Using Perl::Critic to Improve Code

Wade introduced the modules Perl::Critic and Perl::Critic::Bangs. The Perl::Critic module analyzes Perl code with respect to a set of policies looking for violations of defined policies. The default policies are based on the book Perl Best Practices by Damian Conway. The policies in the Perl::Critic::Bangs module were collected by Andy Lester.

One of the best things about the code analysis used by Perl::Critic is the ability to customize the individual policies. The module supports a .perlcriticrc file which allows you to customize both the severity of a policy violation (5 is most severe and 1 is least) and, in some cases, modify the policy itself. In addition, special comment markers can be used to disable a policy for a particular section of code if necessary. This allows you define policies for your environment, while still supporting special purpose overrides for when ugly, power code is needed.

The perlcritic program is used from the command line to test individual files or directories of files. Additionally, the module Test::Perl::Critic supports adding this code critique to your module unit tests.

The obvious questions are

First of all, before using the module, you will want to customize the policies to match your coding standards. For example, Wade showed his .perlcriticrc. This includes changes in severity levels for some policies and disabling a few others. This helps avoid false positives from policies that you don't agree with.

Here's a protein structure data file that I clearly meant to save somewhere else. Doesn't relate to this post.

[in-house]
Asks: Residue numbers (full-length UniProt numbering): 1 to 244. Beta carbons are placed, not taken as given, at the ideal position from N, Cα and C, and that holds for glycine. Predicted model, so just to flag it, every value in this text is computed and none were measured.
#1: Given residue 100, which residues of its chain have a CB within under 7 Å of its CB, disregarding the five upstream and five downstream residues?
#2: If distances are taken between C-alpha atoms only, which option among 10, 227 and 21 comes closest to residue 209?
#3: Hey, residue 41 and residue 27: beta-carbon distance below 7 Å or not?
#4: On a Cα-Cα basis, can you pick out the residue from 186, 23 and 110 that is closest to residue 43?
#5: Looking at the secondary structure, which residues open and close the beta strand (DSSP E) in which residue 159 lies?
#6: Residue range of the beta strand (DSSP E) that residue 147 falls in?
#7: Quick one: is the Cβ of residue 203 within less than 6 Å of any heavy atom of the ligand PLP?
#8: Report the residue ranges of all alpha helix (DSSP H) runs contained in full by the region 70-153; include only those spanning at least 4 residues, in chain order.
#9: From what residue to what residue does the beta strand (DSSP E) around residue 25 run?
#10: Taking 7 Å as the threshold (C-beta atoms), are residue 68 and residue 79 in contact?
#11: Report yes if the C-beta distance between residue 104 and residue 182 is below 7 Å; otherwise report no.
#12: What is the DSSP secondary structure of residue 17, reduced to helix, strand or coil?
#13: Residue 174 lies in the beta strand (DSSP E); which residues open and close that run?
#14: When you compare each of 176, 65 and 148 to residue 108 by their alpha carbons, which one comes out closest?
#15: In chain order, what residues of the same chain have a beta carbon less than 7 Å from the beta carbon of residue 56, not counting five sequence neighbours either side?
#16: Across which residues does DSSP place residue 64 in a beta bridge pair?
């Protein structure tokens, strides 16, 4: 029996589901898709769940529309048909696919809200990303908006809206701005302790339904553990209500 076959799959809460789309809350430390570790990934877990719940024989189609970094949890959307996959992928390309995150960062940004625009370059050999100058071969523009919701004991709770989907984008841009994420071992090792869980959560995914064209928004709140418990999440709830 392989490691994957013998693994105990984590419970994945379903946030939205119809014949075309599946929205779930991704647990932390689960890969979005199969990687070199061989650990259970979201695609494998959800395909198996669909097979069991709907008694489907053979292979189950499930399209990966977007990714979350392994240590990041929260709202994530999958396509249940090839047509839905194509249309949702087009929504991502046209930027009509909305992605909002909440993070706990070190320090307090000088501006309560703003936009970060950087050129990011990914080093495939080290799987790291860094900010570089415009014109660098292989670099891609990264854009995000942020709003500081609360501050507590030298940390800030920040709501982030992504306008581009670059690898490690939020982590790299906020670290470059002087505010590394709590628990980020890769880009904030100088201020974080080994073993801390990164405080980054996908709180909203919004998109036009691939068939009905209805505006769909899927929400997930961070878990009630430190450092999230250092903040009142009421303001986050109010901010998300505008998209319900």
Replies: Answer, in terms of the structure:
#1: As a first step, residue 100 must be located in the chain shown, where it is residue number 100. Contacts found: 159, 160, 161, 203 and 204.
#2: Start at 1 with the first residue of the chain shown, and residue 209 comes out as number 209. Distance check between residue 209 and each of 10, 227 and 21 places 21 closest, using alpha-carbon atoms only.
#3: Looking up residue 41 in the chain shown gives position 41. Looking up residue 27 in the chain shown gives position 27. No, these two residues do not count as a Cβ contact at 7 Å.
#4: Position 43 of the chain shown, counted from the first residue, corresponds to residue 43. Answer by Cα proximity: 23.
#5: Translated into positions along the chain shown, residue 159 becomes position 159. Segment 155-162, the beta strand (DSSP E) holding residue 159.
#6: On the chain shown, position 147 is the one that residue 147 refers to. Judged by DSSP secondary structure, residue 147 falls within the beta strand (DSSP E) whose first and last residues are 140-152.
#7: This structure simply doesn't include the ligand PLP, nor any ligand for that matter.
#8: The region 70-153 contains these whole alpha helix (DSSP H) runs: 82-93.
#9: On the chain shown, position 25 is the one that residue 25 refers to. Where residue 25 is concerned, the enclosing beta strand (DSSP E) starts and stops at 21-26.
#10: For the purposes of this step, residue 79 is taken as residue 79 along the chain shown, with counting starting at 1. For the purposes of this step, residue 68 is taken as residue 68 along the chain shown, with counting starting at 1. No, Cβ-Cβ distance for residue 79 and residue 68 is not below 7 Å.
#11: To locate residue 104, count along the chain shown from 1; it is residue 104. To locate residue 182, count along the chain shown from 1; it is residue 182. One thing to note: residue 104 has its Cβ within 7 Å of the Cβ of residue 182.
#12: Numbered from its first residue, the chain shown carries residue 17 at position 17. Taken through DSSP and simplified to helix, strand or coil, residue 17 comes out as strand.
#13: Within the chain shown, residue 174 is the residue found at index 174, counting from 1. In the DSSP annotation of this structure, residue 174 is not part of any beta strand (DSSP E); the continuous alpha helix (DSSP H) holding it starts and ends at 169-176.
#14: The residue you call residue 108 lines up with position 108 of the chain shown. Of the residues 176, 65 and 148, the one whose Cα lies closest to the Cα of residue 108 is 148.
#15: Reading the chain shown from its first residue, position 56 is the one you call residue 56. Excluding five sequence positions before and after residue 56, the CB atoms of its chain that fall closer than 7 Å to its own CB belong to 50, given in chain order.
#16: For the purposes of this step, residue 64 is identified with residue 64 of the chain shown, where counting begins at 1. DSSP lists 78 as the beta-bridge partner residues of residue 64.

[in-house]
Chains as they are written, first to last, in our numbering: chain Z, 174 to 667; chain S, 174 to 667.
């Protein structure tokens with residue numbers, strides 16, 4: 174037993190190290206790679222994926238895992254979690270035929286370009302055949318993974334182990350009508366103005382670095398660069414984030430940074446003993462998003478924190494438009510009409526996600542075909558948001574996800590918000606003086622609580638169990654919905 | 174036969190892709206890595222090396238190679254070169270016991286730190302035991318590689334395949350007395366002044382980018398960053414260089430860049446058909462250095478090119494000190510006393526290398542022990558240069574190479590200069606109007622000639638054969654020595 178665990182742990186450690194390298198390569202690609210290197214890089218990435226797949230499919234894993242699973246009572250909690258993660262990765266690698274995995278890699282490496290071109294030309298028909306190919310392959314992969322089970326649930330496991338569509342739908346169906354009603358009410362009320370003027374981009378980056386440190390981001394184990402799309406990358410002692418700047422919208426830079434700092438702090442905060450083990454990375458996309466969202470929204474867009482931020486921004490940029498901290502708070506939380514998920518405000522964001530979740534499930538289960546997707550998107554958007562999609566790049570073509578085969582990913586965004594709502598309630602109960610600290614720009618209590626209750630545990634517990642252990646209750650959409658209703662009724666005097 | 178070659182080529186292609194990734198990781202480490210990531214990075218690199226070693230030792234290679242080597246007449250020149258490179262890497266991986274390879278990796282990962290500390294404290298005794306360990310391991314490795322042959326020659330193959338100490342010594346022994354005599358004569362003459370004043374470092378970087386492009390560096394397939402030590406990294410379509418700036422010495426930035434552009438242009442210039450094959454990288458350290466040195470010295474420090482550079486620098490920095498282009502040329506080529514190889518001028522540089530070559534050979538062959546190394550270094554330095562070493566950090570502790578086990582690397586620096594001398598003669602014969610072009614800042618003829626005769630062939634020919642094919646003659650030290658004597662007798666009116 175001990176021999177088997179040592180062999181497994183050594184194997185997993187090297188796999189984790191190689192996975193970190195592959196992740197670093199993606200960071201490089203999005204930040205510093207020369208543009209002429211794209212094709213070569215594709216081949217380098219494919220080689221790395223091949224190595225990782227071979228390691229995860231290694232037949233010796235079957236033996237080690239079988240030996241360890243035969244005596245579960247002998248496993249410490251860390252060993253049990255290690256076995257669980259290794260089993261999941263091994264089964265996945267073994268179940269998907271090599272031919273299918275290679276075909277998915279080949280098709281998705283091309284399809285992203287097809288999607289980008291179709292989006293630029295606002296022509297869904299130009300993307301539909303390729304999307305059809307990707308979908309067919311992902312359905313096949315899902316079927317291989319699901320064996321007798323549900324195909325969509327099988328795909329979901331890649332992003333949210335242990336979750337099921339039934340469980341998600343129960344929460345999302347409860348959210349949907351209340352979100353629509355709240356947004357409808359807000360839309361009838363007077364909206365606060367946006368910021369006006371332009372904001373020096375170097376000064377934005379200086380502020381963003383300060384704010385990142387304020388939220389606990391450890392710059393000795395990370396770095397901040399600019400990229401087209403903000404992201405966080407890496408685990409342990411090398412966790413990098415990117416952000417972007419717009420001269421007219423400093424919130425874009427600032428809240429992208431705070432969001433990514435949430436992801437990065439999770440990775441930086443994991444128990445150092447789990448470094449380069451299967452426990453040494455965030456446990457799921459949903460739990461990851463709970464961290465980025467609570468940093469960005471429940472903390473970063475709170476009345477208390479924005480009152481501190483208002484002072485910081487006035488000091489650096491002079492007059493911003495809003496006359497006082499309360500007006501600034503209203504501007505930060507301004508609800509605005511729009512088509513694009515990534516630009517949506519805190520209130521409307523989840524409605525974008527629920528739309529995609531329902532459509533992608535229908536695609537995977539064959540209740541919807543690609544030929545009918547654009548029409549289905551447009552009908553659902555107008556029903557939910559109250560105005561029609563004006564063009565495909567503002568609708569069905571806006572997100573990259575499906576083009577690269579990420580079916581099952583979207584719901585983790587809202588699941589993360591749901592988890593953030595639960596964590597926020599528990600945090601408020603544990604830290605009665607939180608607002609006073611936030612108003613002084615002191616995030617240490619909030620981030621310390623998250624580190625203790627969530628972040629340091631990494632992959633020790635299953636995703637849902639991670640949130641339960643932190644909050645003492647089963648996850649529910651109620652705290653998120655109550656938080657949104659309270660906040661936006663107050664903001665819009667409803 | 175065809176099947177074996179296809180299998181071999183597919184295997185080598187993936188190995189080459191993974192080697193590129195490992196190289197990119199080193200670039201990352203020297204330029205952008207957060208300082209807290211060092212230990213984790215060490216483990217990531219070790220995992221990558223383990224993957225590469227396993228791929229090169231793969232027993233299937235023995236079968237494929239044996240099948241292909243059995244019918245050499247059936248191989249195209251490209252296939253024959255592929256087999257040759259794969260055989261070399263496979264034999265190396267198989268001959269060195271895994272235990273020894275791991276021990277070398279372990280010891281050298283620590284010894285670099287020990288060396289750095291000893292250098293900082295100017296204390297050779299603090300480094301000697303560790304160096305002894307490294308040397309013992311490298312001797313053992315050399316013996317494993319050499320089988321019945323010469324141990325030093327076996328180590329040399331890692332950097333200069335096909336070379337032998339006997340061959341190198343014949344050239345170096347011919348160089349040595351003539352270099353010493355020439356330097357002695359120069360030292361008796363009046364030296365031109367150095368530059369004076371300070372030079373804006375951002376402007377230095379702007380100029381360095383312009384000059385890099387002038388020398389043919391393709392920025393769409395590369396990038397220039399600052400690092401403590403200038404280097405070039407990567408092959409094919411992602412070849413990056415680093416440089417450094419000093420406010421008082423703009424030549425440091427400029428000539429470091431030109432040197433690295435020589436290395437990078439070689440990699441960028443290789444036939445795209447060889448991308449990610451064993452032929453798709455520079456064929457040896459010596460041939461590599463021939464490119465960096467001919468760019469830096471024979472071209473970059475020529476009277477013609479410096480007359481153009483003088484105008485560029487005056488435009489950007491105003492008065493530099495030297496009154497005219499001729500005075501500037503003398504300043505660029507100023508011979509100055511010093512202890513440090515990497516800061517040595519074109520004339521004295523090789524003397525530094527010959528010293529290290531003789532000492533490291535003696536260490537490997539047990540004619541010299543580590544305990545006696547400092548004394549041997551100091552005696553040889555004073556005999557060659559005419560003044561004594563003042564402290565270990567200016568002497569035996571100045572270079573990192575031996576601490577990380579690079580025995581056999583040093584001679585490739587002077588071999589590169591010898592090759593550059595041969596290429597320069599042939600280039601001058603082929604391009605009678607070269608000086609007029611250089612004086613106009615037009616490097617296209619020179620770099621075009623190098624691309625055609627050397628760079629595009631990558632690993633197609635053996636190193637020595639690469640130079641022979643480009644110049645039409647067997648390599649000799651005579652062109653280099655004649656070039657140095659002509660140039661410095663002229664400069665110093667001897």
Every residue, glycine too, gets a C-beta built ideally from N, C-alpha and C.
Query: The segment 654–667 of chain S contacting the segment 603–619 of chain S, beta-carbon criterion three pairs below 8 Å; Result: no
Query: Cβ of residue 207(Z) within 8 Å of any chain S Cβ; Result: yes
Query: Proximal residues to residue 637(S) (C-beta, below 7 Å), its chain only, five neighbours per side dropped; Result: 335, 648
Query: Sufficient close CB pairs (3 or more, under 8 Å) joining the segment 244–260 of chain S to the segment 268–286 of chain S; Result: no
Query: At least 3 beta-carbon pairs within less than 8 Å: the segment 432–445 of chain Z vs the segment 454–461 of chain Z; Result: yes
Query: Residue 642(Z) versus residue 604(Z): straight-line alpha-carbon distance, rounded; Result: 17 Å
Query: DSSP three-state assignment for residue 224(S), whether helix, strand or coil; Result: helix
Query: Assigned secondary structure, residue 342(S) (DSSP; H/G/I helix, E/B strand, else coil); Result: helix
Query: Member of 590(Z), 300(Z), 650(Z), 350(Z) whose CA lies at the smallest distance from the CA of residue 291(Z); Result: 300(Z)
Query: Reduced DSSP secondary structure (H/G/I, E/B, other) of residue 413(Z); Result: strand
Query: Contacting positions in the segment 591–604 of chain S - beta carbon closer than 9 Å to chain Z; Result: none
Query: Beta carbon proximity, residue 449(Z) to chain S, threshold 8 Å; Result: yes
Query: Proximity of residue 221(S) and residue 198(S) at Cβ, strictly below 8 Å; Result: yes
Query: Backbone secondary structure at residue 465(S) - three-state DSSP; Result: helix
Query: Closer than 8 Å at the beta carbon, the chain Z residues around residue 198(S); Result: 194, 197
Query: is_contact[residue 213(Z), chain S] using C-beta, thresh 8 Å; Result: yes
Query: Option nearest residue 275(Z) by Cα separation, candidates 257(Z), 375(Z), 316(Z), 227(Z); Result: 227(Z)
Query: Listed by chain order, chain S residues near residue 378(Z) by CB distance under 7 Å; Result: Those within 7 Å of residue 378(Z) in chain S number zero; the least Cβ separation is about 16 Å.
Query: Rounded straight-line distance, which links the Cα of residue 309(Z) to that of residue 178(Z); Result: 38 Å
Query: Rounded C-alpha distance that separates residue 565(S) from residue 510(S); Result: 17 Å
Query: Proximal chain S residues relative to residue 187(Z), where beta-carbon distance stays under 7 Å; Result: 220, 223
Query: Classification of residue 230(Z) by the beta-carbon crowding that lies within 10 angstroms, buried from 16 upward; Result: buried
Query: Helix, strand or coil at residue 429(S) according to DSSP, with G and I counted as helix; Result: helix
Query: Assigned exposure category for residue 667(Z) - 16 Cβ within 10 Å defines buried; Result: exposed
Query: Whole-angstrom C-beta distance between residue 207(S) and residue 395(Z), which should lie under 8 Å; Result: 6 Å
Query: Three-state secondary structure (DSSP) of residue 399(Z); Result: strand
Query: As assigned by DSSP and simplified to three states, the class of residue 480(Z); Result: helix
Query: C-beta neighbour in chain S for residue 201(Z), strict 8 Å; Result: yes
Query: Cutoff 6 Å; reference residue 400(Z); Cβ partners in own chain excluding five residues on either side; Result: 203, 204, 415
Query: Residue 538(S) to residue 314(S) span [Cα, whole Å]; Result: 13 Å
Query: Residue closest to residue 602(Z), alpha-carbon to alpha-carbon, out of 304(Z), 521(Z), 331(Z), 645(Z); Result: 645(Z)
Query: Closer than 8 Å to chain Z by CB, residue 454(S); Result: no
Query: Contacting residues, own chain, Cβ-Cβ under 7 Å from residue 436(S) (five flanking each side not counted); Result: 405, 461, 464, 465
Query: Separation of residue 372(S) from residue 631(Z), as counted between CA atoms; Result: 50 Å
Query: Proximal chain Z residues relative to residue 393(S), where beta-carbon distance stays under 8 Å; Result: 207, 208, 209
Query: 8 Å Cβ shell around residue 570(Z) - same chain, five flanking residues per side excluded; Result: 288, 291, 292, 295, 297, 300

Next, run the perlcritic command on some of your code. You may find that you have not followed the policies you thought you had. Wade showed the results when perlcritic was run over two of his projects at various levels of severity. The results were pretty good for his most recent module Device::USB. This module benefits from a recent reading of Perl Best Practices and multiple runs of perlcritic. On the other hand, the module Games::Maze::SVG got extremely bad reports, despite the fact that the same policies had been followed during development.

This shows how important automatic verification can be.

The meeting then moved into a discussion of various policies and best practices. Wade floated the idea of a version of the .perlcriticrc file. Although people expressed some interest, we did not spend much time on it.